Ruins and sunburn!


Ayuthaya was the Siamese royal capital from 1350. 33 kings of various Siamese dynasties reigned here until the city was conquered by the Burmese in 1767. The city was named after Ayodhya (Sanskrit for ‘unassailable‘ or ‘undefeatable’) During its hey day , Thai culture and international commerce flourished in the kingdom.
Ayuthaya historical park is an Unesco World Heritage site, and it’s ruins are scattered around this once magnificent city and along the rivers which encircle it.
I rose early this morning and hired a bicycle for the day (cost : 40THB until 6pm) to enable me to explore a large chunk of Ayuthaya’s ruins. Once i got off the main roads (which are a little bit unnerving, as no-one seems to take much notice of you if you’re on a push bike, including pedestrians, who kept walking out in front of me!), it was quite a pleasant place to cycle around. There were plenty of street stalls around selling liquid refreshments, and you will need plenty : Ayuthaya felt so much hotter than Kanchanaburi as there was no cross breeze to cool you down.
Wat Phra Mahathat
Built during the reign of King Ramesuan in the 14th century, it is home to one of Ayuthaya’s most photographed sites : a buddha head embedded in twisted tree roots. the Khmer style tower is one of the first built in the capital.
Wat Ratburana
Over the road from Wat Phra Mahathat. It was established in 1424 by king Boromaraja the 2nd to hold the ashes of his elder brothers who killed each other in battle – on elephant back – fighting over the throne.
Wat Phra Ram
Built in 1369, the towering prang at Wat Phra Ram is an excellent example of a Khmer style temple from the beginning of the Ayuthaya period.
Wat Phra Si Samphet
This one was my favourite. It was built by King Boromatrailokanat (hope he didn’t have to sign his name too often!) in 1448. It was one of the grandest temples in the ancient capital and is still one of the best preserved.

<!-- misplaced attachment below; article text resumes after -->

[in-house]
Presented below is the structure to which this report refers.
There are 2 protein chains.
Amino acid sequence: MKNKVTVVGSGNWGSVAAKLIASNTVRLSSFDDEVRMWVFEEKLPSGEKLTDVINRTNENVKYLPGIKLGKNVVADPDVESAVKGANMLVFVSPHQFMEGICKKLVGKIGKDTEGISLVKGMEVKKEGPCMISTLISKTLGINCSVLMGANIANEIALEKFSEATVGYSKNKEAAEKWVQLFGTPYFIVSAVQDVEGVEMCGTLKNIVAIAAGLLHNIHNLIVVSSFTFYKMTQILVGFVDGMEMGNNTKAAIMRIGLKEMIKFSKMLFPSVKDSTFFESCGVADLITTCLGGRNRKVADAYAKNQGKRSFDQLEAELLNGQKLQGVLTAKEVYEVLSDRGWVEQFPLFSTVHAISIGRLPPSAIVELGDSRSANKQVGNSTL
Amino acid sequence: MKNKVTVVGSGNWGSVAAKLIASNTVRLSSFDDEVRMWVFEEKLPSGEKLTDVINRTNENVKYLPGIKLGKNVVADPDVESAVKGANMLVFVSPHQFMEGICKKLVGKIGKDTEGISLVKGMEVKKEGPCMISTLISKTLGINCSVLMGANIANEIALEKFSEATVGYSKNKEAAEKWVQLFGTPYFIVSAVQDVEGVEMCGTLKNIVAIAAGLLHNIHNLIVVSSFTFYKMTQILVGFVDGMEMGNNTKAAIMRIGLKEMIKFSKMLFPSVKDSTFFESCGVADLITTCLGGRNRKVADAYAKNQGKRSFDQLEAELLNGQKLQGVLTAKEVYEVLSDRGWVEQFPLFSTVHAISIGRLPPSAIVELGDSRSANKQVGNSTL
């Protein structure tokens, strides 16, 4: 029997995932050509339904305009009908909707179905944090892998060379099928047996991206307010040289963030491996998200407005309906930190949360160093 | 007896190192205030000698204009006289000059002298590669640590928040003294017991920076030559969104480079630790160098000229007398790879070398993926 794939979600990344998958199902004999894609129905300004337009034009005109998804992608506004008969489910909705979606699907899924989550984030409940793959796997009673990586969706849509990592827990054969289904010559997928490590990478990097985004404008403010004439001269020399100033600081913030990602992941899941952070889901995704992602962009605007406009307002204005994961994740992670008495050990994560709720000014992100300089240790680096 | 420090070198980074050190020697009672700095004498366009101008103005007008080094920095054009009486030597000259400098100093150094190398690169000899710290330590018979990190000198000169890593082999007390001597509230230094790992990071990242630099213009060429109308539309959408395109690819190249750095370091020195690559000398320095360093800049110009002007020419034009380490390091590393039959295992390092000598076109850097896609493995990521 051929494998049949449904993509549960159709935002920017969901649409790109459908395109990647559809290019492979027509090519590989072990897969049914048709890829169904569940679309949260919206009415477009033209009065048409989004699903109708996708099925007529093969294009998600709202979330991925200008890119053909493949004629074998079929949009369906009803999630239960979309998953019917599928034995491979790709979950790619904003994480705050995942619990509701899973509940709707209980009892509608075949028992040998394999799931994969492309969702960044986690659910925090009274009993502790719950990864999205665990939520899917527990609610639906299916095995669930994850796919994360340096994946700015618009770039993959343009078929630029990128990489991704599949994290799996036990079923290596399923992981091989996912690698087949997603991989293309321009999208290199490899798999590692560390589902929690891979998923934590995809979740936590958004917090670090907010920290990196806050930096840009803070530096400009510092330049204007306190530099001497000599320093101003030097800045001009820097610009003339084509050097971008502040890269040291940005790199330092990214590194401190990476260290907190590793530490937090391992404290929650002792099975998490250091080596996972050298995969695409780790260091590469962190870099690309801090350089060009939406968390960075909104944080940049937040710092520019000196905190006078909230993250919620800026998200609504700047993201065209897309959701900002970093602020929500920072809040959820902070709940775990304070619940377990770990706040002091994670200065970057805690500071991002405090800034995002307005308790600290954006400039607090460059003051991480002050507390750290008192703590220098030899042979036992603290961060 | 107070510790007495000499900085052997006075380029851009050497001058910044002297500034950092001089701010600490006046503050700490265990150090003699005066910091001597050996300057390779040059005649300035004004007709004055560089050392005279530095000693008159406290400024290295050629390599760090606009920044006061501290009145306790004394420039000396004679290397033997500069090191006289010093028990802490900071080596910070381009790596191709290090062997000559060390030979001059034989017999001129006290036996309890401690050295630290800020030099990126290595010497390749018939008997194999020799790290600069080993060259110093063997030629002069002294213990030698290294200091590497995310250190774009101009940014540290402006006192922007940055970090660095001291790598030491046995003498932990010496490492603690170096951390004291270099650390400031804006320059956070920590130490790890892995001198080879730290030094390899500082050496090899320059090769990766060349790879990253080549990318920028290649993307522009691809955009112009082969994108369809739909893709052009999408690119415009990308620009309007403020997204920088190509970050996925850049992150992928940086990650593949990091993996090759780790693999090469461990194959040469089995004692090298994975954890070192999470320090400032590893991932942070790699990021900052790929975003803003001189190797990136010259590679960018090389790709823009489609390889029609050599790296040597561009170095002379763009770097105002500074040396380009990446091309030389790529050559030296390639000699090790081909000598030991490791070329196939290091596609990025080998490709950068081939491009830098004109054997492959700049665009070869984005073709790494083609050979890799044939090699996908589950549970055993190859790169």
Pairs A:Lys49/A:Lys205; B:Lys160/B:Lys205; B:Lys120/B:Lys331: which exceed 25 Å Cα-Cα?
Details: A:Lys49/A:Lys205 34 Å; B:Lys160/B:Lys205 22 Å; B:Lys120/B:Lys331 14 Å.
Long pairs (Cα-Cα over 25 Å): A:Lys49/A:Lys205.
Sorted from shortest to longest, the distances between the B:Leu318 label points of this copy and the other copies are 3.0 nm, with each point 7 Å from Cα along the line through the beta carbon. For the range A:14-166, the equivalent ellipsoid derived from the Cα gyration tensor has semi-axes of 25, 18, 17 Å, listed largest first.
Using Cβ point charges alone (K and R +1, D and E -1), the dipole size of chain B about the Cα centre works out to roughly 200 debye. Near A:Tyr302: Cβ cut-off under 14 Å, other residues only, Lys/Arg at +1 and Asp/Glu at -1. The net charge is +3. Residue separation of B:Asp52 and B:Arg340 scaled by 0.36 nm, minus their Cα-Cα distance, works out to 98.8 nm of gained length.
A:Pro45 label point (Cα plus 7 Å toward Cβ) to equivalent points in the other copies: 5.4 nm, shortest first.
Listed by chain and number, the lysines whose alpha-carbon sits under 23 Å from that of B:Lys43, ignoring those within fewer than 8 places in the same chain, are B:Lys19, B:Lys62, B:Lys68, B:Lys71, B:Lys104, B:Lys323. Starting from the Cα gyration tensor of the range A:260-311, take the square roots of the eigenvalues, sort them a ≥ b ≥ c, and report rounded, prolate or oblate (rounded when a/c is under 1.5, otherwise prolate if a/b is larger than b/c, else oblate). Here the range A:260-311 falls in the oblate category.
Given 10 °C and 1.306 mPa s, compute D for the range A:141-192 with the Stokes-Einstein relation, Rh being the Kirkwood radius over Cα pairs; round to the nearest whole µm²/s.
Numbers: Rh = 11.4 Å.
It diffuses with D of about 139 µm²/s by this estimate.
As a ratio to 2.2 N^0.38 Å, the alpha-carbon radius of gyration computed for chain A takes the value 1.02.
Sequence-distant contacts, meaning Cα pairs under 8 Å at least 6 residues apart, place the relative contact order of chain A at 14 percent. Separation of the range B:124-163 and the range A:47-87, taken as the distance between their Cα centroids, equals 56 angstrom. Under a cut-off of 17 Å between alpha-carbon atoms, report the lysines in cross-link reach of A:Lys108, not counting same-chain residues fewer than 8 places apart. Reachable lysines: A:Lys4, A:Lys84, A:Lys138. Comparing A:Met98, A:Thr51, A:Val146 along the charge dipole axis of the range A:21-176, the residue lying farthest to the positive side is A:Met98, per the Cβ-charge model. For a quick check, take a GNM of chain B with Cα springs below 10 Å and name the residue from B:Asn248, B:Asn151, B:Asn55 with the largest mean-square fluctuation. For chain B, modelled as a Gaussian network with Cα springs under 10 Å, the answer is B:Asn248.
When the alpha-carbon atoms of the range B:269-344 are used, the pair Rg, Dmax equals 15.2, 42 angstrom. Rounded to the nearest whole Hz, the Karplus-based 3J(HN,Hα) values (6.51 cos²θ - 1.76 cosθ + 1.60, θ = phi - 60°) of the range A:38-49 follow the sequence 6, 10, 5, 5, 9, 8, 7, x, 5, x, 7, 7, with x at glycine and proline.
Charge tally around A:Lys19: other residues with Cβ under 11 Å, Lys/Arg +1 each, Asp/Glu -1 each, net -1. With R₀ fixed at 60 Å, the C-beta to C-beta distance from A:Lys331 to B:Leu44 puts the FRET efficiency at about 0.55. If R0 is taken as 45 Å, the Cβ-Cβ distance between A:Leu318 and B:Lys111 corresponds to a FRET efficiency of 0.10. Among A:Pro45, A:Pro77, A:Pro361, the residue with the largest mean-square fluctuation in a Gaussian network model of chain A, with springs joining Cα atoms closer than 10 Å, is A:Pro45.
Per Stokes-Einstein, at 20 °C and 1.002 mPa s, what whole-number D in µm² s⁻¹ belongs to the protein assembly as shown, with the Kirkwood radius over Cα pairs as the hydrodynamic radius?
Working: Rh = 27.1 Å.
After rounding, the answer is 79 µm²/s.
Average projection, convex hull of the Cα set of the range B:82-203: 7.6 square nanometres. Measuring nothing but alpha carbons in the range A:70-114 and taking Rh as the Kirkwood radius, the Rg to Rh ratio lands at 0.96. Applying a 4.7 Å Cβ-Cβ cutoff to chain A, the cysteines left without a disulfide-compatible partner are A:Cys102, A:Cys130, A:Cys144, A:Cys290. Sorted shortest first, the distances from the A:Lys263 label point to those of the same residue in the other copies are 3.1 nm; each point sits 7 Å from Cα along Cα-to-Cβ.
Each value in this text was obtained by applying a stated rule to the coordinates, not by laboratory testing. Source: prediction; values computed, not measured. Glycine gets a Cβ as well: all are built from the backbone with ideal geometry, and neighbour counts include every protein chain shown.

Wat Na Phramane
Really out of tourist territory, this one. It was built in 1503 A.D by Angel Indra in the reign of King Rama the 2nd. It’s unique in that it managed to escape attack by the Burmese in 1767. It houses an impressive 4.4m wide and 6m high solid gold Buddha.
Wat Phra Chao Phannan Choeng
A ferry ride across the river, It was built in the early 14th century before Ayuthaya became the Siamese capital. It contains a highly revered 19m high Buddha image from which the Wat derives its name.
After cycling around Ayuthaya’s ruins for almost 6 hours, i was feeling seriously sunburnt and in desperate need of huge amounts of water. Can’t quite understand how i managed to walk around Kanchanaburi for a whole day and not even turn pink, yet after a few hours of cycling around Ayuthaya, i felt very much like an ingredient in one of the stir frys i’d been eating! I had my very own central heating system, which may have been useful had the outside temperature not been touching 35 degrees!
Beware : Savage dogs!
Although most of the dogs here (and there are alot of them!) will lie peacefully in the sunas you walk past, there are the odd few that will follow you and bark and growl at you, and it can be pretty scary. They’re not your cute, fluffy domestic dogs; they’re mean looking stray mongrels with sharp teeth!
Thoughts on Ayuthaya
Fascinating as all the ruins and the history of Ayuthaya are, i didn’t really warm to it as a place to stay. It’s very spread out, the only real centre being in and around Soi 1 (off Naresuan Rd) where there are a handful of guesthouses and eateries, Tony’s Place being the one with the best atmosphere and crowd.
Photo is of a Buddha head at the ruins of Wat Ratburana, Ayuthaya

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